In August, Archipelago Books will publish a translation of Map Drawn by a Spy which is Cabrera Infante’s autobiographical account of the frightening four months he spent in 1965 trying to escape from Cuba.  I highly recommend this fascinating book which portrays his harrowing escape to Madrid and eventually to London where he spends the rest of his life.   After his voluntary exile from Cuba,  he becomes a staunch and frequent critic of Castro and his government.  His essay “And of My Cuba, What?”, written in exile in January of 1992,  and “Answers and Questions,” written in July of 1986, are both included in his collected volume of non-fiction writing entitled Mea Cuba translated into English by Kenneth Hall and published in 1994 by Farrar, Strauss & Giroux.  Cabrera Infante’s essays are consumed with the nostalgia and longing that one would expect from an exile, a man that never expects to see his birthplace, his family or his friends again.  I chose to write about “And of My Cuba, What?” and “Answers and Questions” because they are two of the angriest, most chilling pieces in the collection and have an important message about corruption and greed in government and leadership.

In “And of my Cuba, What?”, Cabrera Infante directs his fury towards Fidel Castro whom he blames for economically, socially and spiritually ruining Cuba and plunging it back into a primitive time.  He writes:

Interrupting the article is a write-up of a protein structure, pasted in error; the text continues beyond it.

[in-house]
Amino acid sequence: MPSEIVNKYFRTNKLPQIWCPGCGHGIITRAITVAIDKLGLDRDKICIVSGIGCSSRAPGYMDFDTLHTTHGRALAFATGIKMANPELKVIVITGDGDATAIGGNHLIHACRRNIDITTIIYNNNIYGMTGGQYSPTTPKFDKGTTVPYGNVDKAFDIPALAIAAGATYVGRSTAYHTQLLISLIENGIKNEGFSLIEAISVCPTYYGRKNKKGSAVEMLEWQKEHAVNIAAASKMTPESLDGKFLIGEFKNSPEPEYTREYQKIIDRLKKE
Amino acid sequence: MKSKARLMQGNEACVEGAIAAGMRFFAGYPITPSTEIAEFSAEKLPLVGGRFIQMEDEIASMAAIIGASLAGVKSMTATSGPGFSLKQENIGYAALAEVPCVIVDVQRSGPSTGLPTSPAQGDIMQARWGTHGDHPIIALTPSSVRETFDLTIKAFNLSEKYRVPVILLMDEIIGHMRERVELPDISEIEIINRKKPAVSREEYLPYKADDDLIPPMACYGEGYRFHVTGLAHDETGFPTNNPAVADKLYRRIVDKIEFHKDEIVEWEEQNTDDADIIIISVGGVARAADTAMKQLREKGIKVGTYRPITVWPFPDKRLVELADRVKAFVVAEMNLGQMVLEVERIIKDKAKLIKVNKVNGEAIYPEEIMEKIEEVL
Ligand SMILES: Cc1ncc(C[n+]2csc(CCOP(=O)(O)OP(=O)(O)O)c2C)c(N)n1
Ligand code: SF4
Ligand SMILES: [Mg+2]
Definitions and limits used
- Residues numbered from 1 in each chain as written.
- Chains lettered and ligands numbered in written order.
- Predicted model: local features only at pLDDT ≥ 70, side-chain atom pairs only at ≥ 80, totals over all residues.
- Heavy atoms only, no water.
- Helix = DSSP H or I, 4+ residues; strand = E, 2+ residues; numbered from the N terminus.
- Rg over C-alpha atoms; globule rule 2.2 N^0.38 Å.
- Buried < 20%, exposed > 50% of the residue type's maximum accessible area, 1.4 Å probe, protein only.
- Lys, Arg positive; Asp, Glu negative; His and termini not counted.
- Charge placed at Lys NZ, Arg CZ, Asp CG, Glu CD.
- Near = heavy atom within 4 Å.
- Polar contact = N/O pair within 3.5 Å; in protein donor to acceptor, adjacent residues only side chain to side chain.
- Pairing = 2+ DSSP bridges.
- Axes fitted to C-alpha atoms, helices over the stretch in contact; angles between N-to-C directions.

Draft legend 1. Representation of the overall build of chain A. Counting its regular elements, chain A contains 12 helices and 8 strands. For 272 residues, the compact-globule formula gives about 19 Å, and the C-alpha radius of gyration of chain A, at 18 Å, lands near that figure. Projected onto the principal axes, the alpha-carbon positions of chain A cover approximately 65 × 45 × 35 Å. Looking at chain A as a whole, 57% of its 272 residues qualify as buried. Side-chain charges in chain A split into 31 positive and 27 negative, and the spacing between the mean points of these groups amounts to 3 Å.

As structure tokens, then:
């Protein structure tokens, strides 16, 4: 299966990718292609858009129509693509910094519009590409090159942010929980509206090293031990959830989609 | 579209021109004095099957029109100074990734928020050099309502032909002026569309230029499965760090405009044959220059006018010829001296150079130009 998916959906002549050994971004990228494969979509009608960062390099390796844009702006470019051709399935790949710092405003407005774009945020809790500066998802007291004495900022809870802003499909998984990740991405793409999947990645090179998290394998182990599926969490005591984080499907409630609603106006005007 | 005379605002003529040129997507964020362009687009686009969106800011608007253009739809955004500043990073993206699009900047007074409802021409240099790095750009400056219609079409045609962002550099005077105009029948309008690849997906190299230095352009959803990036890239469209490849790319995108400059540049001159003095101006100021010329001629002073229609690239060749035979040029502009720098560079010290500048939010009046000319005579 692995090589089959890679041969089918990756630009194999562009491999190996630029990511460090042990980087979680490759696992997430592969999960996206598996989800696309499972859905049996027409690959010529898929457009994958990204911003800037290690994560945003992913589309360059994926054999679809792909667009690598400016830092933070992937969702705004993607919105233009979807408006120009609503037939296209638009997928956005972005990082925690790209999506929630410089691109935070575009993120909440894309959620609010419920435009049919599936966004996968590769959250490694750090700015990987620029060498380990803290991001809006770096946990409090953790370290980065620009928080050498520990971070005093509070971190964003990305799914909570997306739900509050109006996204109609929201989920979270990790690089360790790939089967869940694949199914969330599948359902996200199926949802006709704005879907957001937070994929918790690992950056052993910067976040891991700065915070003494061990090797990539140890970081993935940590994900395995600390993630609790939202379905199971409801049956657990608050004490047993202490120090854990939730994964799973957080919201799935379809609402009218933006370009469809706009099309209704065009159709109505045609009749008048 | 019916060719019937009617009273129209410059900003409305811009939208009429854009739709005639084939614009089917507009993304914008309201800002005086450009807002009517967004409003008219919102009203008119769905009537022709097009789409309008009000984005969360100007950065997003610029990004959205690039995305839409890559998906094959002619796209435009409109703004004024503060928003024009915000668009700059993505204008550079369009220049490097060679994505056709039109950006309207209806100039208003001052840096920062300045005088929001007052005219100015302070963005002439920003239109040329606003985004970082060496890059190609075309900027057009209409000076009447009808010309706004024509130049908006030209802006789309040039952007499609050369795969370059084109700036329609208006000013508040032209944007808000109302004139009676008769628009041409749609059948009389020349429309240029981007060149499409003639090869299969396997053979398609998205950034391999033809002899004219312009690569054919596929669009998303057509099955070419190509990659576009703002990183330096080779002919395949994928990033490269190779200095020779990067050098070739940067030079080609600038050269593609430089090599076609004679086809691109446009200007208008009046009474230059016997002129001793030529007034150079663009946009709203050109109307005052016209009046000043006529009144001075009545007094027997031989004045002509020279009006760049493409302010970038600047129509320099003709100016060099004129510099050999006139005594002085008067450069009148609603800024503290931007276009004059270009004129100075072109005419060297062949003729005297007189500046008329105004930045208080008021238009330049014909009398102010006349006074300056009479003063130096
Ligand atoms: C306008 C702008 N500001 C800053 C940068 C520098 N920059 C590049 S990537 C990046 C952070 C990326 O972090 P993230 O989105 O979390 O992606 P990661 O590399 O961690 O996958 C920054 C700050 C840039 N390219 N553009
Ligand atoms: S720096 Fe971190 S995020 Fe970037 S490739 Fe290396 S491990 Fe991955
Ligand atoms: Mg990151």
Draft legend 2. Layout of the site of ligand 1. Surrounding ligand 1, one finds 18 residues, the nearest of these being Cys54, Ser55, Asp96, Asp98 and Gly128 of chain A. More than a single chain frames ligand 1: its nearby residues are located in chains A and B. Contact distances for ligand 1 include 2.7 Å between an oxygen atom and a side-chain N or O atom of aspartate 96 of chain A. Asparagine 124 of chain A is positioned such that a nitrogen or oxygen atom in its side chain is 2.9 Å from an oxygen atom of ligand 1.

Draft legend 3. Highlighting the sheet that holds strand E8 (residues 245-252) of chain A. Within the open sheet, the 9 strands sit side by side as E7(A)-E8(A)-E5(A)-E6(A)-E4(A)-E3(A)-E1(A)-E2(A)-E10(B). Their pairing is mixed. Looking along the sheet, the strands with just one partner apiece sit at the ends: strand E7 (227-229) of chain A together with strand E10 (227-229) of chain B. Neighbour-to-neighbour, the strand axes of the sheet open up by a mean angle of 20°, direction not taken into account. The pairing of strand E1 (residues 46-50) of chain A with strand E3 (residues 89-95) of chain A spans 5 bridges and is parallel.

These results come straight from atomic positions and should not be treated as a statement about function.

Now, because of the deterioration of the economy, of capital and of the capital, of the whole country that has ceased to be Cuba to become the Albania of the Caribbean (a phrase with which I portrayed the whole island then), the nation has been demolished, ruined and brought finally to a fate worse than death: to take corruption in life.  Havana is as destroyed physically as Beirut, in a civil war made by one man.  Fidel Castro lives out his last days in his palace (read bunker) surrounded by physical and moral ruins.

Cuba’s history as well as her geography, Cabrera Infante argues, have helped to keep Castro in power for decades.  “All Cuba, as Berlin once was, is surrounded by a wall” he states.  As an island, Cuba’s natural wall, or barrier, is water.  Not even the Americans could successfully breach this “wall” in the Bay of Pigs invasion.  Cubans looked to Castro to free them from the oppression of the Batista regime, but no one expected him to stay in power, through force and violence, for decades.  Cabrera Infante’s anger towards Castro is palpable throughout this essay and he uses multiple, horrifying examples of Castro’s tyrannical leadership to justify his ire.  When  he visits Havana in 1965, he realizes that Castro has “made life regress to infrahuman levels…”  One of the most shocking revelations in this essay is the new form of racism that Cabrera Infante accuses Castro of creating.  Cubans are refused entrance to hotels, restaurants, beaches, night clubs and resorts unless they are accompanied by foreigners and can pay cash with American dollars.  But American dollars are also illegal and the punishment for possessing them is severe.  The author calls this an “indecent apartheid.” In addition to this racism, Cabrera Infante describes the shoot-to-kill policy used against those trying to escape the island, the concentration camps created for homosexuals and the Cuban version of the Nazi Blockwarts whereby every Cuban is forced to spy on his neighbor.